Richard Goettle, Inc. of Cincinnati, Ohio paid a unique tribute to a recently deceased member of its team by dedicating its new Bauer drilling rig to his memory.
Goettle’s Joe “Goob” Gruber of West Harrison, Indiana was tragically killed in a motorcycle accident on August 11, 2019 at the young age of 40. He had dedicated 19 years to Goettle, most recently serving as Lead Mechanic. He also served as an equipment expert for many years.
Goettle, a long-time ECA customer, purchased the BAUER BG 45 from the company’s Pittsburgh, Pa. branch in September of 2019. ECA’s Director of Bauer Product Sales & Service Gordian Ulrich worked closely with Joe and Brent Burman to spec out the rig. Sadly, Joe never got to take delivery of the rig he had worked so hard to bring to fruition.
Goettle wanted to memorialize the contributions of a man that not only dedicated an entire career to keeping its equipment running at peak capacity, but also lead the charge to design, spec, and acquire its newest Bauer rig. The contractor determined that the BG 45 would be named “Mighty Joe.” The rig was aptly named considering Joe’s larger than life personality and the fact that the rig would be Goettle’s largest.
The BG 45 was branded to memorialize Gruber. Several members of the Goettle team collaborated on the name and logo design. The name “Mighty Joe” is displayed prominently in bold white letters against the blue counterweight of the BG 45 with Joe’s signature from the rig’s purchase order inset on the bottom right.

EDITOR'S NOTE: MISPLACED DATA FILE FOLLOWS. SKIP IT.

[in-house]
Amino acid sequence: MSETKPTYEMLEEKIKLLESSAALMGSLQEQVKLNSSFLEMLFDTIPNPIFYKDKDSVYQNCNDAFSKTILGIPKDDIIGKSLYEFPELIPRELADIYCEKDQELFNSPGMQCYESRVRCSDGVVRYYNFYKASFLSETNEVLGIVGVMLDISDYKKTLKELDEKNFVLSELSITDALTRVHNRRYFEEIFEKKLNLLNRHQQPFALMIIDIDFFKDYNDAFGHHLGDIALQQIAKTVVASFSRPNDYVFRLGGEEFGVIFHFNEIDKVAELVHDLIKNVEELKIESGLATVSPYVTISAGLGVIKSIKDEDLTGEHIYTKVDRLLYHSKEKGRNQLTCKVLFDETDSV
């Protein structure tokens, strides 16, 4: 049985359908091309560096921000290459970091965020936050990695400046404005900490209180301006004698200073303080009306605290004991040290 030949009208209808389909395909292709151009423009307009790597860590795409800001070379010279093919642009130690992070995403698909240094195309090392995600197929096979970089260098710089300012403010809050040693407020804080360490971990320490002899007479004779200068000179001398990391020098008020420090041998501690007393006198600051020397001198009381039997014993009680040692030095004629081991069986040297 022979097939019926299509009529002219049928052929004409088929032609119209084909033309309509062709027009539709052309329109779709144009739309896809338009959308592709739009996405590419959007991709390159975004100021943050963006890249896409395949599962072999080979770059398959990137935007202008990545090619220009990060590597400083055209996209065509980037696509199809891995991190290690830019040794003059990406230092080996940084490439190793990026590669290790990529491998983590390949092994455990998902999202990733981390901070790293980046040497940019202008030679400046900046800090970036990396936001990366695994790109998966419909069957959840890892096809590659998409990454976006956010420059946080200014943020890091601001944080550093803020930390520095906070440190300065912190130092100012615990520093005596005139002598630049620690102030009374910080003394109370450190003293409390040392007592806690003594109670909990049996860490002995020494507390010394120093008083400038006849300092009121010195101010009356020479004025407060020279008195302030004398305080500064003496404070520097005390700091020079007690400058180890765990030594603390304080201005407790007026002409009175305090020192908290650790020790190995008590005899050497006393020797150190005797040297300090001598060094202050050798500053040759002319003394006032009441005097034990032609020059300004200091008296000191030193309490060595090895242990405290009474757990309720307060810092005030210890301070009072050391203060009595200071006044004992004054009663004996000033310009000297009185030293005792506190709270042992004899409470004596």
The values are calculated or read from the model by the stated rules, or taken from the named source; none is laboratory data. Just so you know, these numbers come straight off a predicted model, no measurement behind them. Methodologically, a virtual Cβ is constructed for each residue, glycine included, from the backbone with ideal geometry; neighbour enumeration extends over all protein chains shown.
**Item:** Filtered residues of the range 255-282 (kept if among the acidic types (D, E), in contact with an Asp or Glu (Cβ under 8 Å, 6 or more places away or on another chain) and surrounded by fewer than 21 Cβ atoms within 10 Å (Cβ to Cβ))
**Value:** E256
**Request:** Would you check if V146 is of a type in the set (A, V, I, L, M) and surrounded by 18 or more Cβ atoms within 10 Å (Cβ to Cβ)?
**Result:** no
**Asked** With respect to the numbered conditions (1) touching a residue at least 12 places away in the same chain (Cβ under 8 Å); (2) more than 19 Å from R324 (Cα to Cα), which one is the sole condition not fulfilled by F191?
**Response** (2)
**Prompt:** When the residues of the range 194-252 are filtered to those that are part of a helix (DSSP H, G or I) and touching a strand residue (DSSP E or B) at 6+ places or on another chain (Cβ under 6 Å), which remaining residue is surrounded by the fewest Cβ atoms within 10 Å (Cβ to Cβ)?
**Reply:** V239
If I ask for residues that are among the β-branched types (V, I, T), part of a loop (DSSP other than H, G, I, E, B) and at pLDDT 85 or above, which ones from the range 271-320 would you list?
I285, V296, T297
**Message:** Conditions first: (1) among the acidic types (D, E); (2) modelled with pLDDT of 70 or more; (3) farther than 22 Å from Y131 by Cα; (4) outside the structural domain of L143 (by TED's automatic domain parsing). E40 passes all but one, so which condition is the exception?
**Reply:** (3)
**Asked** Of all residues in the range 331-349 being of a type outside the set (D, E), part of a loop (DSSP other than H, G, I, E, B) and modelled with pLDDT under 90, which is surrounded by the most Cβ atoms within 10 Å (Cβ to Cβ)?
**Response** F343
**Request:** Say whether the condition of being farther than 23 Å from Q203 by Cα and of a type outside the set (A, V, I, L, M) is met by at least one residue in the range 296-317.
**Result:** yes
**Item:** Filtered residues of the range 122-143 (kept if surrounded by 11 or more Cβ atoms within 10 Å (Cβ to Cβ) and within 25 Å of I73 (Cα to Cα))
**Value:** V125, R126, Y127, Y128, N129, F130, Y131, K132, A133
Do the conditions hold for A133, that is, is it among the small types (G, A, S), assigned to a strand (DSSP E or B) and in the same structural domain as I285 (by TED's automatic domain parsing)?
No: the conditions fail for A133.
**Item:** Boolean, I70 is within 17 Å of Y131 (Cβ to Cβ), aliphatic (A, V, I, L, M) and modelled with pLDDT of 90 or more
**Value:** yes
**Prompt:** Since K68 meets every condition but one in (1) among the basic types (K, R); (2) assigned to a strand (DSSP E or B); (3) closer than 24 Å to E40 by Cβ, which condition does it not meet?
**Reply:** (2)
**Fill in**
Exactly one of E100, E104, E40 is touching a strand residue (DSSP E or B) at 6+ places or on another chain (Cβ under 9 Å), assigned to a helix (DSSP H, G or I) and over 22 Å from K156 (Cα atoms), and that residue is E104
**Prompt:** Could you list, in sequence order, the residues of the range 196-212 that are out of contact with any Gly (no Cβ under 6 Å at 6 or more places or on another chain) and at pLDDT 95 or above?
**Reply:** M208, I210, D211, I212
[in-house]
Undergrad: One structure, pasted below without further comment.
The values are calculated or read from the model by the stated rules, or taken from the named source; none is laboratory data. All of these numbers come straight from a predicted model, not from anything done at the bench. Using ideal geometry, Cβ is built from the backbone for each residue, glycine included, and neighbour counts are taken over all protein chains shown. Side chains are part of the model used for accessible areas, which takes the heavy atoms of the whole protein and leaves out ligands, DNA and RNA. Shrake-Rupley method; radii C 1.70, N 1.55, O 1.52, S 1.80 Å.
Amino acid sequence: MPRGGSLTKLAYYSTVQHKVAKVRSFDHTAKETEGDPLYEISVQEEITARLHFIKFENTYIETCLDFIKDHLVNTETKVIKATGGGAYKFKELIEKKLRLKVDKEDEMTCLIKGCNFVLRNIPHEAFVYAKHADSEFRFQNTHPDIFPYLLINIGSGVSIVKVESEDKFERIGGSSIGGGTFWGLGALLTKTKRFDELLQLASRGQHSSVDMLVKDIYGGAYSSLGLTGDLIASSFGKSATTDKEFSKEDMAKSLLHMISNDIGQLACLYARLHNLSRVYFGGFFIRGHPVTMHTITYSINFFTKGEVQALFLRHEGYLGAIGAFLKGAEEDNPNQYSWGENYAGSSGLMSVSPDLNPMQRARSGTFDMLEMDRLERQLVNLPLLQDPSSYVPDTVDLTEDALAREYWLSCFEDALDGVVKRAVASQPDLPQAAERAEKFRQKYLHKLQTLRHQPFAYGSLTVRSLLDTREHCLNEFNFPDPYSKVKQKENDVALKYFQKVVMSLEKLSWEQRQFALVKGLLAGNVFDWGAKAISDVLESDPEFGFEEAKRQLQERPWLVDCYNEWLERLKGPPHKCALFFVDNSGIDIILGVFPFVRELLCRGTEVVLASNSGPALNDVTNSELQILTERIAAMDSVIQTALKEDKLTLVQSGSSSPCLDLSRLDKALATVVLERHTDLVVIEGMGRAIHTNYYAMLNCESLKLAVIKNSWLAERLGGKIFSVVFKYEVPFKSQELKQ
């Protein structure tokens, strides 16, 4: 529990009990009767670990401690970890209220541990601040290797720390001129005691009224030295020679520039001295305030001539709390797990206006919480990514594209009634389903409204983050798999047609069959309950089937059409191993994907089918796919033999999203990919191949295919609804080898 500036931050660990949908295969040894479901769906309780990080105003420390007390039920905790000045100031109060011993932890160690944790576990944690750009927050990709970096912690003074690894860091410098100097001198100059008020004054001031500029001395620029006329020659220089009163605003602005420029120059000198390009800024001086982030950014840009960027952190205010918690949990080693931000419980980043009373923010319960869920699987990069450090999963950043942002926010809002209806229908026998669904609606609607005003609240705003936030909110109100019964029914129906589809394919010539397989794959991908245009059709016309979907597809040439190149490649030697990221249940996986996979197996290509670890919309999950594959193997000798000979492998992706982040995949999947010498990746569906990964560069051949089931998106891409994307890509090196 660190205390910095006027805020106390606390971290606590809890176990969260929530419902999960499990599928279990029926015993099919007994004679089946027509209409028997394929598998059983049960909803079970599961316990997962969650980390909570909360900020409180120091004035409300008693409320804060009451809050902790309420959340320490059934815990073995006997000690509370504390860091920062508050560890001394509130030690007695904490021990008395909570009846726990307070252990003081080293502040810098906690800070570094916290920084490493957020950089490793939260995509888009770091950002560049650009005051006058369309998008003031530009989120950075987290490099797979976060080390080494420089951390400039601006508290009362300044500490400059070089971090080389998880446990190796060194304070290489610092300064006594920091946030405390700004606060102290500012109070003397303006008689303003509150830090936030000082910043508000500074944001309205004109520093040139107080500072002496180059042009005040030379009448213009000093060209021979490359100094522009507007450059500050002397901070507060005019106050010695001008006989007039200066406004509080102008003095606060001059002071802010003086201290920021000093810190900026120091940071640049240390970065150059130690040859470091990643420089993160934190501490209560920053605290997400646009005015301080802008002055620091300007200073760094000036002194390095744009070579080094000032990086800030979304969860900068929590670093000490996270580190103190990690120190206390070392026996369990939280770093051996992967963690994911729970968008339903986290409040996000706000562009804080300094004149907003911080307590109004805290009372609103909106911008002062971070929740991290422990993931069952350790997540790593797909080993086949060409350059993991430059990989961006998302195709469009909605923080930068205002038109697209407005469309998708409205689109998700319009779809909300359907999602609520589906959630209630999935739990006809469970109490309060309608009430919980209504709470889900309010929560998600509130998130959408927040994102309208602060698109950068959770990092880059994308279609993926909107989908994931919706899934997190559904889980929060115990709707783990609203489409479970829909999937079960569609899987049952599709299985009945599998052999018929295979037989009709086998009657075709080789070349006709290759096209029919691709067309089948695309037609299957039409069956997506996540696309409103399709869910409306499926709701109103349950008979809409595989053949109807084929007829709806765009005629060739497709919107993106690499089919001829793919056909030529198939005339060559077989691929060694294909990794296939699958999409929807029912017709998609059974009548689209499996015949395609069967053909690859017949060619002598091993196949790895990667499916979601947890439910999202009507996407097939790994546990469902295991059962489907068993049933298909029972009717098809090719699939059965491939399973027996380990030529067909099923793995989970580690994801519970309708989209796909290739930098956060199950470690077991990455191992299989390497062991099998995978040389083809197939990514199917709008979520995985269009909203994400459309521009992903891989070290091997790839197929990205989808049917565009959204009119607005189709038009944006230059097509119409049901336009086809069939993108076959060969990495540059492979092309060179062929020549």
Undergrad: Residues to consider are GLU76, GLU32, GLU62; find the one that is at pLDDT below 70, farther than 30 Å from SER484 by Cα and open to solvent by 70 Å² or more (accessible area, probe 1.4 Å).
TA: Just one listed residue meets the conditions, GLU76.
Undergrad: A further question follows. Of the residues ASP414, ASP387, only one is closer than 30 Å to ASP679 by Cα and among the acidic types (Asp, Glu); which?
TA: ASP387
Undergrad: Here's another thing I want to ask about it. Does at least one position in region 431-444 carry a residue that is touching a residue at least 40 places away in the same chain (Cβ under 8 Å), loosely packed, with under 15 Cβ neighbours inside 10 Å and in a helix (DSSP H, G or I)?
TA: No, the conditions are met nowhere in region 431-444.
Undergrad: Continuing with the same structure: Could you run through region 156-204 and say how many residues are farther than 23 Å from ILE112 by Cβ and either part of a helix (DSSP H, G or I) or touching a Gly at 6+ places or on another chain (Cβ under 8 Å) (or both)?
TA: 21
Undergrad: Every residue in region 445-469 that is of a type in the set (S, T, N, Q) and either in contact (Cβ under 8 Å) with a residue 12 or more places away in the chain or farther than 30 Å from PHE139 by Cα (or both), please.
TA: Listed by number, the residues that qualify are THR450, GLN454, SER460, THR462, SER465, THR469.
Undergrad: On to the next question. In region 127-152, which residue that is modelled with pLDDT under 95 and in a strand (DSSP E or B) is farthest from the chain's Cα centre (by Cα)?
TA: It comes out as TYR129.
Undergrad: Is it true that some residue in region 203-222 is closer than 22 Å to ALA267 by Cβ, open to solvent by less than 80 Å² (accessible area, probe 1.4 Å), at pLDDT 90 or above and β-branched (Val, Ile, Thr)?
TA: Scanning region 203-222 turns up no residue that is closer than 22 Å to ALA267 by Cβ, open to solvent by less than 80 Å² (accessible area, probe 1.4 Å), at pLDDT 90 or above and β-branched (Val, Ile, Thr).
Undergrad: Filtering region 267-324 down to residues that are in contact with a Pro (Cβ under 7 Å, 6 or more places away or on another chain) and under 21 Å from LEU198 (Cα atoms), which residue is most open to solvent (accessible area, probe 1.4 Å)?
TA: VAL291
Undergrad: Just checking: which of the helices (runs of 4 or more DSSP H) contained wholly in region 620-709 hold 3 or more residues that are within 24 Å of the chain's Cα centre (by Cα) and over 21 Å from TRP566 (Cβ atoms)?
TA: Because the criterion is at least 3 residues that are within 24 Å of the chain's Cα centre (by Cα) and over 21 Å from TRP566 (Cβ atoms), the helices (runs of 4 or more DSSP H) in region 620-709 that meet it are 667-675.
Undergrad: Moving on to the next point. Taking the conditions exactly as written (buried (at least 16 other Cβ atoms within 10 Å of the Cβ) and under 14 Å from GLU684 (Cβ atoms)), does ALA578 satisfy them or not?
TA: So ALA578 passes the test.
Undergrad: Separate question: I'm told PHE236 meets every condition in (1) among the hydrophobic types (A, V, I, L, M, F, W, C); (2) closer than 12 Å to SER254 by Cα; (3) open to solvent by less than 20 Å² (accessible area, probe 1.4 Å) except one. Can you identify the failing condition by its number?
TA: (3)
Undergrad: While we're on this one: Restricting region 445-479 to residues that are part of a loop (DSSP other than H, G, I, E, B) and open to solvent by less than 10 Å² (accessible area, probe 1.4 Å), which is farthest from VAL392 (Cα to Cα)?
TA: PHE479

“I have worked all over the world and met many lead mechanics and equipment guys with different contractors, but Joe Gruber set the benchmark with his passion and commitment,” says Ulrich. “He and Brent Burman always took on the most challenging jobs and turned them into a great success for Goettle due to an outstanding understanding of the equipment and its application, thorough pre-planning, and Brent’s second to none ability to form the perfect team for every job. They simply ‘Made Shit Happen’ as their famous hard hat sticker says.”
Gordian had been onsite for the startup service of the BG 45 and was there when Goettle assigned “Mighty Joe” to its first project in Columbus, Ohio. The drilling of 4-foot-diameter secant piles up to 90 feet long took place under dreary skies for most of the first day. By late afternoon the crew was relishing the BG 45’s successful installation of the first production piles. Suddenly the clouds drifted away and sunlight spread across the jobsite. The smiles were contagious as everyone arrived at the conclusion that “Mighty Joe” was impressed with the first day of production.